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Why Don't More Travelers to Europe Camp?
from Travelers Guide to European Camping

If European camping is so great, why don't more people do it? A good question. Our theory is that Americans don't camp Europe because of some fears and misconceptions about conditions that have either changed or that were never true.


It's too crowded in Europe for camping. A lot of people think that Europe is so crowded that there really would be no place where camping would be fun. North Americans tend to think of camping as a visit to the great outdoors. For us it usually is, with our National Parks, our thousands of miles of beaches, and our mountains and deserts.

European camping destinations are necessarily somewhat different. Many campgrounds are near cities. Europeans use these campgrounds as an economical way to travel, and we can do the same thing. Almost every European town of any size has a selection of campgrounds available to the visitor.

Campgrounds are also used by Europeans as destinations for extended vacation visits. Many Europeans get a month off during the summer, usually in July or August, and they flock to the seacoast and to sunny southern locations. The vacation campgrounds that they use are a little more like what we Americans are accustomed to. They are located near beautiful natural areas or places with great weather. Places like the Alps, the Mediterranean coastline, or southern Portugal. Even in these places, though, the campgrounds tend to be privately owned and provide more in the way of facilities and entertainment than we are accustomed to. Best of all, campgrounds are never crowded except in July and August, the rest of the year most places aren't even half full.


It's too expensive. Many Americans probably hesitate to camp Europe because they worry about the cost of a European camping trip. The truth is that once you reach Europe the costs are very much like those of camping in North America. Campground costs are virtually identical. Most campgrounds cost between ten and twenty dollars per night. The more expensive ones are located near important tourist destinations and cities. Those scattered around the countryside cost less. You'll spend more time using these country campgrounds than you expect, they are pleasant because you're off the beaten track, you can experience foreign culture in a rural setting, you will probably find it more traditional and relaxing than the culture of the big cosmopolitan cities.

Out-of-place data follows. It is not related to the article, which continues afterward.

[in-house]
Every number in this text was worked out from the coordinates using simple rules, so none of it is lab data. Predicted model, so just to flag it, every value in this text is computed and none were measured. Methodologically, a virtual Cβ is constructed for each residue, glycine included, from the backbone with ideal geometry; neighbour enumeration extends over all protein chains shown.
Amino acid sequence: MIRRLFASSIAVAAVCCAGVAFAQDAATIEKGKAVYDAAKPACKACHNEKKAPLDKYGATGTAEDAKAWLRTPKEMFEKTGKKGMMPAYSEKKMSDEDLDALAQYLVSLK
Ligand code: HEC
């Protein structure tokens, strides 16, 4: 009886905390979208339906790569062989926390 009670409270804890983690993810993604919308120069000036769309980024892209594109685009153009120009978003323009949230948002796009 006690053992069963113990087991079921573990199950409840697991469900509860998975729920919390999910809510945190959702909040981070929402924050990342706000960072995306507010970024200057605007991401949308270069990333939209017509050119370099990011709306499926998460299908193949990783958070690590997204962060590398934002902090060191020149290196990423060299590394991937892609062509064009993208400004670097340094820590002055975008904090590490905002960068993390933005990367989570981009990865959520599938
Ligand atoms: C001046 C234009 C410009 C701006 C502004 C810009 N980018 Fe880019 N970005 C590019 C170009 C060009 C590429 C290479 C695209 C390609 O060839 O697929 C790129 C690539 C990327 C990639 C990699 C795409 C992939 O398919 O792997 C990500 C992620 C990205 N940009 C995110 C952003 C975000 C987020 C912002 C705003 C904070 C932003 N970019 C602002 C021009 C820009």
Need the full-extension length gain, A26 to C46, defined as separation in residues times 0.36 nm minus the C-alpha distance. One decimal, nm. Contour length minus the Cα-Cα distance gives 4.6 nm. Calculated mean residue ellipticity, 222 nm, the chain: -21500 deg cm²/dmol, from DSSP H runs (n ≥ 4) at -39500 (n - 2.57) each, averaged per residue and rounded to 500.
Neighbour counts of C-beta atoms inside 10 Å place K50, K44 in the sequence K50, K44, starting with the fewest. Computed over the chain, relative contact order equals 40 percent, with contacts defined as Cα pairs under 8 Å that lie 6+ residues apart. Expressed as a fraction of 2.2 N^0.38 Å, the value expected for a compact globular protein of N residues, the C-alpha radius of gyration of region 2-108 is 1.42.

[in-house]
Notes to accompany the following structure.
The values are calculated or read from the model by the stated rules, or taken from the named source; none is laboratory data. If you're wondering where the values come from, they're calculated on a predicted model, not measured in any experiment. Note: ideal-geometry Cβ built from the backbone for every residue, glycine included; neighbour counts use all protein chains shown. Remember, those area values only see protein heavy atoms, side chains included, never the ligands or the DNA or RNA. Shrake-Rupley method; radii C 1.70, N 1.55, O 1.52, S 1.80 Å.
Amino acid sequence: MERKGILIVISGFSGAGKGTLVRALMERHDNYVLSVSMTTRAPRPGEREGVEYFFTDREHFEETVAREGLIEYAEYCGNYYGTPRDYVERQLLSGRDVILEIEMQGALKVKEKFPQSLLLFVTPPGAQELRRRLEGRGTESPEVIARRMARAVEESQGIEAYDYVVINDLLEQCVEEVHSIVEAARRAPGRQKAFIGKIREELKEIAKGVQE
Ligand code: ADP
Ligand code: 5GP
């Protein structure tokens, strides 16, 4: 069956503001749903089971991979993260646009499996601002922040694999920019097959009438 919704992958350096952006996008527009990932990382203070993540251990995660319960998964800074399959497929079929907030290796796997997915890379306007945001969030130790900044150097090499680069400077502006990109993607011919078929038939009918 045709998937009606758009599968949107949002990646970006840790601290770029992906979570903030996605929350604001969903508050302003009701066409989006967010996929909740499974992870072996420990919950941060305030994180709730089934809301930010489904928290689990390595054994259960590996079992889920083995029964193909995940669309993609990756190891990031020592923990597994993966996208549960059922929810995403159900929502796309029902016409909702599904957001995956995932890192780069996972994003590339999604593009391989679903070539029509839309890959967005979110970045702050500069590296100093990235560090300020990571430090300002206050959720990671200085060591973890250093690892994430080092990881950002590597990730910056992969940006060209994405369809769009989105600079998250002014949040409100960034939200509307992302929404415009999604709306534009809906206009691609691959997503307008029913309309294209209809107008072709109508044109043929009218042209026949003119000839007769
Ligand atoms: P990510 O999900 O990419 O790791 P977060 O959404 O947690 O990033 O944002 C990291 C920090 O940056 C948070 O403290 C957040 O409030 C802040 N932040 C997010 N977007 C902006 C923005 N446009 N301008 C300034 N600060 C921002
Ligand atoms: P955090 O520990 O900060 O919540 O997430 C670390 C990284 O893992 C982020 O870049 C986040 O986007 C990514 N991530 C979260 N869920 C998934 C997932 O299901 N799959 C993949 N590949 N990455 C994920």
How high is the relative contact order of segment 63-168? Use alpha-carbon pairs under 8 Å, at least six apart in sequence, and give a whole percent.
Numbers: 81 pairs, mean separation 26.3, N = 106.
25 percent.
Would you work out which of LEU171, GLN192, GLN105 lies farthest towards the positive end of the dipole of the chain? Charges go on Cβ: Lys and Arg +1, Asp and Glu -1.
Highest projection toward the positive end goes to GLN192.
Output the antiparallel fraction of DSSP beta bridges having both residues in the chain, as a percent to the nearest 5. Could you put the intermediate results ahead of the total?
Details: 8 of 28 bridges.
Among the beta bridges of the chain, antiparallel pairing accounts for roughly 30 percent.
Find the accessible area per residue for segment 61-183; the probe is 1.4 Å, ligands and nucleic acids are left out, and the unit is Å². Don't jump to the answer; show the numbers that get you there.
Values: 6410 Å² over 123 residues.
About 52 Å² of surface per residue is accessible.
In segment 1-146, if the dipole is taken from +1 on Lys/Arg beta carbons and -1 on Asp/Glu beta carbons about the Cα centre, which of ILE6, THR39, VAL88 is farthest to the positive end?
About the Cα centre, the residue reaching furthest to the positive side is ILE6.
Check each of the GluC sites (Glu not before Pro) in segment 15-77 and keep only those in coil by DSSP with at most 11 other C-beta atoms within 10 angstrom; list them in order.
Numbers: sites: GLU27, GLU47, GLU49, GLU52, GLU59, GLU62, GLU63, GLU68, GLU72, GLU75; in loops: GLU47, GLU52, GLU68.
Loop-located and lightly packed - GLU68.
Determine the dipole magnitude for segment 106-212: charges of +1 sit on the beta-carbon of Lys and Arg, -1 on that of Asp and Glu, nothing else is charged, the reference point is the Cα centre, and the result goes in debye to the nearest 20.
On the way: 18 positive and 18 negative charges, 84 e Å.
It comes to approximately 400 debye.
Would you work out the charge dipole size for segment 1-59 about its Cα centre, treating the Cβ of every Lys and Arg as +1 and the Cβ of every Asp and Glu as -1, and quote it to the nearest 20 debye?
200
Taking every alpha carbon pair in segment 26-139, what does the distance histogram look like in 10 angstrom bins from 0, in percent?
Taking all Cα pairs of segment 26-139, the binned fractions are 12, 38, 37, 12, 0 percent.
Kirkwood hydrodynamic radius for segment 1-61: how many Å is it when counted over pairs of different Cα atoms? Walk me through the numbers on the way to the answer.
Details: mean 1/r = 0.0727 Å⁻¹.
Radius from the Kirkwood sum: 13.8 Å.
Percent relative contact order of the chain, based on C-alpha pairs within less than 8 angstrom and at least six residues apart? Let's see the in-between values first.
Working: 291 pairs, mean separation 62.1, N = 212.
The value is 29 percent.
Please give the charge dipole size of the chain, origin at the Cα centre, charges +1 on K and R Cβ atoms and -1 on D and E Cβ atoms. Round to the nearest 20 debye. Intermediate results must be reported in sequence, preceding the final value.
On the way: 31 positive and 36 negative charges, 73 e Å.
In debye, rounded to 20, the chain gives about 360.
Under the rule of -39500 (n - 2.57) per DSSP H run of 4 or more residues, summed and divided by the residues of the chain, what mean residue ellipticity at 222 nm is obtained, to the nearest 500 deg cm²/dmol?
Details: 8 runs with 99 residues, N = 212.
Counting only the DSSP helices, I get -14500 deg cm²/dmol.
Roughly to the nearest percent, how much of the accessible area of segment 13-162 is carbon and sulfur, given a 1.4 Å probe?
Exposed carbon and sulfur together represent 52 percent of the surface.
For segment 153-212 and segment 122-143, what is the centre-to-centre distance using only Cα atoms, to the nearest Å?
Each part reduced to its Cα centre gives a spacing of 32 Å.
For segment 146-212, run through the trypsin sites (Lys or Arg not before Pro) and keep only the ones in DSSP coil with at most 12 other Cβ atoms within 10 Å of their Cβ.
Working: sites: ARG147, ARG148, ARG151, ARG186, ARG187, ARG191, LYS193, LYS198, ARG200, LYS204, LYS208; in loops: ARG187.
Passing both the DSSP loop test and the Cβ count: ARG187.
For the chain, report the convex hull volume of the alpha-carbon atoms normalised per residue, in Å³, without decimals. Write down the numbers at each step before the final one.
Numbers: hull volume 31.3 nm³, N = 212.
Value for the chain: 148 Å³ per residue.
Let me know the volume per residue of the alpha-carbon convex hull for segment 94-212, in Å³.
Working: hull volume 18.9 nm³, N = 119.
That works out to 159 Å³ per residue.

Food costs are similar to those in North America., assuming that you eat the things that are eaten in the area you are visiting. Most European countries now have supermarkets similar to those we have in the U.S. and Canada, in some cases much larger. Your food costs may be a little higher than back home, but it will probably be because you are experimenting and enjoying things that are unavailable or just too expensive to buy in North America.

Gasoline is the one big difference. The citizens of many European countries pay more than four dollars per gallon for gasoline. They get around this problem in many ways and so can you. First, the distance between destinations in Europe tends to be much smaller than in the U.S. and Canada. The shorter distances will do a lot to lower your fuel bills. Many European motor homes have diesel engines. Diesel gives about a 50% fuel saving over gas because it is cheaper at the pump and provides more energy per liter than gasoline. Propane is also much cheaper in some countries and a lot of campers use this for powering their vehicles. Finally, European campers are just a lot more fuel efficient. They do tend to be smaller than those in North America, and the cost of fuel is the biggest reason. Overall, you will probably find that fuel cost in Europe will approximate what you would spend if you were RVing in North America.


Driving in Europe is too difficult. The thought of driving in Europe probably worries a lot of North Americans. We all have mental pictures of the problems. Those traffic circles in London or Paris where you just can't get out once you get in. Driving on the wrong side of the road with controls on the wrong side of the car. Crazy French or Italian drivers and the German autobahns with no speed limits. Trying to get your RV down a narrow English country lane or under a low French bridge.

The truth is that Europeans aren't supermen. They drive every day and so can you. The freeway originated with the German autobahn, and now there are freeways all over Europe. Most of them, even in Germany, now have reasonable speed limits. The roads are first-rate and can easily handle larger rigs, after all, the trucks use them. The horrific traffic we see in movies is in the big cities, and you can avoid that. Good public transportation makes driving in the big cities unnecessary. Most of Europe drives on the right side of the road, only in the British Isles do they drive on the left. European drivers tend to be better than the ones you encounter in North America, statistics show that they have lower accident rates. You can handle it.


European camping is too complicated. European camping is different. That is why we've written this book. We think that once you read about how easy it really is you'll be a convert.

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